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Bishop Tests Congregation’s Compassion

A Mormon bishop from Salt Lake City, David Musselman, recently transformed his appearance to that of a homeless person, attempting to better understand how people of difference were treated in his congregation. The UK Telegraph reported the story in a recent article.

The article states,

“The main thing I was trying to get across was we don’t need to be so quick to judge,” Mr Musselman told his local television news station.

“Many actually went out of their way to purposefully ignore me, and they wouldn’t even make eye contact,” he said. “I’d approach them and say, ‘Happy Thanksgiving’.”

Musselman studied the culture of his congregation by direct observation. In this case, he changed his own appearance to effect a change in the responses by the congregants, and took note of those observations. He observed the degree to which the congregational culture of his church was open to people of different economic stages and hygiene standards. In the end, he was surprised at what he found, and the congregation responded with a sense of shame at how they reacted.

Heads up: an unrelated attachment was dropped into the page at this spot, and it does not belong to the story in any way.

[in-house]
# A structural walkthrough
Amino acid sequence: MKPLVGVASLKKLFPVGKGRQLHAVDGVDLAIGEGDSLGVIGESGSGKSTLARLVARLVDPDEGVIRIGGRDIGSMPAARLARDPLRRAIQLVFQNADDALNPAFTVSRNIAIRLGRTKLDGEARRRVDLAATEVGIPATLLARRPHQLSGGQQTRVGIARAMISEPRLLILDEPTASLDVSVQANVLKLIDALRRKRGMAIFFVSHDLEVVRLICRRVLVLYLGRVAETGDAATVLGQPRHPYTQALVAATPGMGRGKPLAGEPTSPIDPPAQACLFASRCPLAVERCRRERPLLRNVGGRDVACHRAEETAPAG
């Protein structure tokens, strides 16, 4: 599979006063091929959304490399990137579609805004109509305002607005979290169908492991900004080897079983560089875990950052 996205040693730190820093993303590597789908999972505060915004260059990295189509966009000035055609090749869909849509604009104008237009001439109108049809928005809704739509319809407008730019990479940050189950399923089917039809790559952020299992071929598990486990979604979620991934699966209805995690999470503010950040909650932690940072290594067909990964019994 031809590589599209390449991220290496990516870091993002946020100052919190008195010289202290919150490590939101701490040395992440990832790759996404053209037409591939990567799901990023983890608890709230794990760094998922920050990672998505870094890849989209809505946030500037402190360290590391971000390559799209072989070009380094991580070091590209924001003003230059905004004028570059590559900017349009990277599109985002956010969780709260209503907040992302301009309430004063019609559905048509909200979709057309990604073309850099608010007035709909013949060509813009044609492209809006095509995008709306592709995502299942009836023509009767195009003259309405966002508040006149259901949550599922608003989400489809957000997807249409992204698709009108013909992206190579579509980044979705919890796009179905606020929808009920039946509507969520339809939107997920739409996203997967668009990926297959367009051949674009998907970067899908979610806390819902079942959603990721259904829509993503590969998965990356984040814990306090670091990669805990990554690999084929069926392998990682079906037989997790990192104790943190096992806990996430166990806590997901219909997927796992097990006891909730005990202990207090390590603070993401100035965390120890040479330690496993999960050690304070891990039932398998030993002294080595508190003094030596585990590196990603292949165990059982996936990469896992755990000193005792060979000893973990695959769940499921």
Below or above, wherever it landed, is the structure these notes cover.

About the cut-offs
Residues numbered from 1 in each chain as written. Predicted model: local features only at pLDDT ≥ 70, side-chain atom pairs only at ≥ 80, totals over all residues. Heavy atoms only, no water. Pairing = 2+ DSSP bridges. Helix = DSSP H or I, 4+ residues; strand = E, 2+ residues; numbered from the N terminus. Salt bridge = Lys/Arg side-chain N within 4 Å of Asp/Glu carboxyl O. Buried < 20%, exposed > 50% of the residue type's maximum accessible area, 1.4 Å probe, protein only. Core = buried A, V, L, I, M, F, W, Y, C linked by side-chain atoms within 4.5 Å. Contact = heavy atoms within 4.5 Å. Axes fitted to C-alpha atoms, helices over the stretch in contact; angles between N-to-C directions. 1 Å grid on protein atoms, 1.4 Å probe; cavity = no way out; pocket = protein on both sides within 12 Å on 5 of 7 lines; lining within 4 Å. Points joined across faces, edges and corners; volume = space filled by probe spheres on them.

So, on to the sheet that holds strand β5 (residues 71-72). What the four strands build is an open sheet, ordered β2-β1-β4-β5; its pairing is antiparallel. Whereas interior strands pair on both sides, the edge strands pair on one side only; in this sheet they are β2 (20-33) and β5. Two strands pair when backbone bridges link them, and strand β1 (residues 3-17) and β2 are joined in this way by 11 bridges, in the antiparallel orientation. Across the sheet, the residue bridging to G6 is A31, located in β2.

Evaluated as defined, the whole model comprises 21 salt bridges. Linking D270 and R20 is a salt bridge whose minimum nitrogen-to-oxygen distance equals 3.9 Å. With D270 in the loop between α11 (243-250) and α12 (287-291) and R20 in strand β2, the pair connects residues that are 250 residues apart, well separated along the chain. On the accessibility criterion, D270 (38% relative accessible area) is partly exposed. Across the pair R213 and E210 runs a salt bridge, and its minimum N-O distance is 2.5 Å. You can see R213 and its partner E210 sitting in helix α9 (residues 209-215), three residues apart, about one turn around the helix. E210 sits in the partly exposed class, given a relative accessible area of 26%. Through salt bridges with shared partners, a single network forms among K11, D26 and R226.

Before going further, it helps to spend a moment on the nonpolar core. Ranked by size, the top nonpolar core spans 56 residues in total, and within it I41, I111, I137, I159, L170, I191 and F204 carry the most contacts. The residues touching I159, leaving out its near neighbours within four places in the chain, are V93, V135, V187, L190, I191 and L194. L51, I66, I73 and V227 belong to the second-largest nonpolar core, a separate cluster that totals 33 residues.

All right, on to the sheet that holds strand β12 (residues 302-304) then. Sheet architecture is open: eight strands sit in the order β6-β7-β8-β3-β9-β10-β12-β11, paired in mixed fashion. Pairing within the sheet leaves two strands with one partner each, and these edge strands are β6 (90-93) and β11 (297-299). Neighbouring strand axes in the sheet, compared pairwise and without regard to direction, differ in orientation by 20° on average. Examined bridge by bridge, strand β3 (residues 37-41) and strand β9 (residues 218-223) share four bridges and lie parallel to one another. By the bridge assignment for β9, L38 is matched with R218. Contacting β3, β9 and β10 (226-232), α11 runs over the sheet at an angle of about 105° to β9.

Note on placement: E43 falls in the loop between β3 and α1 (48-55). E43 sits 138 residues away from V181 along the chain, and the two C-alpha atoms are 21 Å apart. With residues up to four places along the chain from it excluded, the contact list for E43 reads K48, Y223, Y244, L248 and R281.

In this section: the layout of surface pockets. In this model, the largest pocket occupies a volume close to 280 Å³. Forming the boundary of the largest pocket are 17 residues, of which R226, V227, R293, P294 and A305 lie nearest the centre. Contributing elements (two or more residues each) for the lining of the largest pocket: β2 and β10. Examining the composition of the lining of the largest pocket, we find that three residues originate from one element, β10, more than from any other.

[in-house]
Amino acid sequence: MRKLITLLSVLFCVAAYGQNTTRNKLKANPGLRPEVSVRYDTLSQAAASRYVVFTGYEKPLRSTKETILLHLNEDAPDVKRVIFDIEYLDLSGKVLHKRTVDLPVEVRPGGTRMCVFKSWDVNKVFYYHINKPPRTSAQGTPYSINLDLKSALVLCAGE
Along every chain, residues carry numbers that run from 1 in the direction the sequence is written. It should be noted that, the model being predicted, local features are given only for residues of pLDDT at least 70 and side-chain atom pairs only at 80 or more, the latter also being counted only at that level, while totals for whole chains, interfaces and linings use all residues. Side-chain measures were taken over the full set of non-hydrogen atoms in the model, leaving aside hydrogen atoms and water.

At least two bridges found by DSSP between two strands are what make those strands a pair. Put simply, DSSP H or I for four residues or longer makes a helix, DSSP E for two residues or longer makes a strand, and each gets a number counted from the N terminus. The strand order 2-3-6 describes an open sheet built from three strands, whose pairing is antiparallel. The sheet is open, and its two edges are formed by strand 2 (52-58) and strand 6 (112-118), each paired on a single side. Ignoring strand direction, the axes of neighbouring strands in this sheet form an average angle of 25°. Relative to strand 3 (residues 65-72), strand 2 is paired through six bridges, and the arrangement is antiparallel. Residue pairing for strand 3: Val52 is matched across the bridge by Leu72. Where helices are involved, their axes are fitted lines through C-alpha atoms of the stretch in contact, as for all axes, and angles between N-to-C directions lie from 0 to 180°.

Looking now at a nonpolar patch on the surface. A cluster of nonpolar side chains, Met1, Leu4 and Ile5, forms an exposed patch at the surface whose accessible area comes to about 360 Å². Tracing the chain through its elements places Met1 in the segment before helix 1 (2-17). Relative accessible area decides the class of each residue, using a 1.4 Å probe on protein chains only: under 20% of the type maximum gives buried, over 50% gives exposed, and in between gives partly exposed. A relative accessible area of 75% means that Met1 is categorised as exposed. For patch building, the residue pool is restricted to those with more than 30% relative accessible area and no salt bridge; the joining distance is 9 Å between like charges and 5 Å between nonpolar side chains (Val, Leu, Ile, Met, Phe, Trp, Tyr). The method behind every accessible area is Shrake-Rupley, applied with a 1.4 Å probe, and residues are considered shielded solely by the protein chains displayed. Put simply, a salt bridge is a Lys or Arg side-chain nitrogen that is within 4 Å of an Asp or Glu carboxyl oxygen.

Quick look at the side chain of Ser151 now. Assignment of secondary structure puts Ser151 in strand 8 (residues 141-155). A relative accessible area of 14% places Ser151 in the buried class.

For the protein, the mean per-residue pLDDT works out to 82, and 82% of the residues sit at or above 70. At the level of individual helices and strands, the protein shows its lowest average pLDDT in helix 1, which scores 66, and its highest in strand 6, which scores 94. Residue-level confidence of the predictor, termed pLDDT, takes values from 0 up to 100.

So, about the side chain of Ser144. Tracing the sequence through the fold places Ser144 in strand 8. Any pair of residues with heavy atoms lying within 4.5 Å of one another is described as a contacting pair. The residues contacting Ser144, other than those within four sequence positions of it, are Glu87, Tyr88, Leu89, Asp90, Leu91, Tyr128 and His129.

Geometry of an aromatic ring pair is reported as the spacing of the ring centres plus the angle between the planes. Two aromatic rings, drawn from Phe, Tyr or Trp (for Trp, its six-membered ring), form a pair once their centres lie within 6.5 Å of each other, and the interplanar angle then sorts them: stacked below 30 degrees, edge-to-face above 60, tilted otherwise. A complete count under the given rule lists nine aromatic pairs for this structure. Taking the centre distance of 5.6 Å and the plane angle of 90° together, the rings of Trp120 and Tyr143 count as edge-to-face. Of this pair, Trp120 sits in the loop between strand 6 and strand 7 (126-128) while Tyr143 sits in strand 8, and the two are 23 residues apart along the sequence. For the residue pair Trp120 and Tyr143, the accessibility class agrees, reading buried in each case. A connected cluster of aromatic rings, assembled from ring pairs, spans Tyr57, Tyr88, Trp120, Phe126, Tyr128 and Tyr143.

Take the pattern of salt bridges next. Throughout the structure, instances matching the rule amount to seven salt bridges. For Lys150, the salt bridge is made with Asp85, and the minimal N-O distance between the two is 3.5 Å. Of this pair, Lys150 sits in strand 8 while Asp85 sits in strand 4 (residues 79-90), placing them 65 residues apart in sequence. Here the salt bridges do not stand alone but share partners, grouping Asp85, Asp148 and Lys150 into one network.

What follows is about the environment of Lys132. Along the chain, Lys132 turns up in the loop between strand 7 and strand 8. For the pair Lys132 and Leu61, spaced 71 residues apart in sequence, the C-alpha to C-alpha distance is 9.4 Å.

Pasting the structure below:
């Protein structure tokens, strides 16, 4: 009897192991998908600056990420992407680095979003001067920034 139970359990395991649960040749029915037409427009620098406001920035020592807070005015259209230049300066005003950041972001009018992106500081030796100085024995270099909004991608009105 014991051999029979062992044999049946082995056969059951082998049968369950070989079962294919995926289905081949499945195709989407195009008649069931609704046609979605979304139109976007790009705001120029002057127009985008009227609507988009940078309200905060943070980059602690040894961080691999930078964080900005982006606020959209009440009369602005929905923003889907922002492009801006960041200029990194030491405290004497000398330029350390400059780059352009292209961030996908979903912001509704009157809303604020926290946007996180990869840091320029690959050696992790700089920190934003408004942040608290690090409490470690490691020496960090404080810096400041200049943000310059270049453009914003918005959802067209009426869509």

What are your thoughts about this technique to examine a congregation? Is it too manipulative or do the results outweigh potential dangers? What are the ethics of doing this sort of study?

Ellen Childs
About the Author
Dr. Ellen Childs holds a Ph.D. in sociology from University of Notre Dame. She is Website Director at StudyingCongregations.org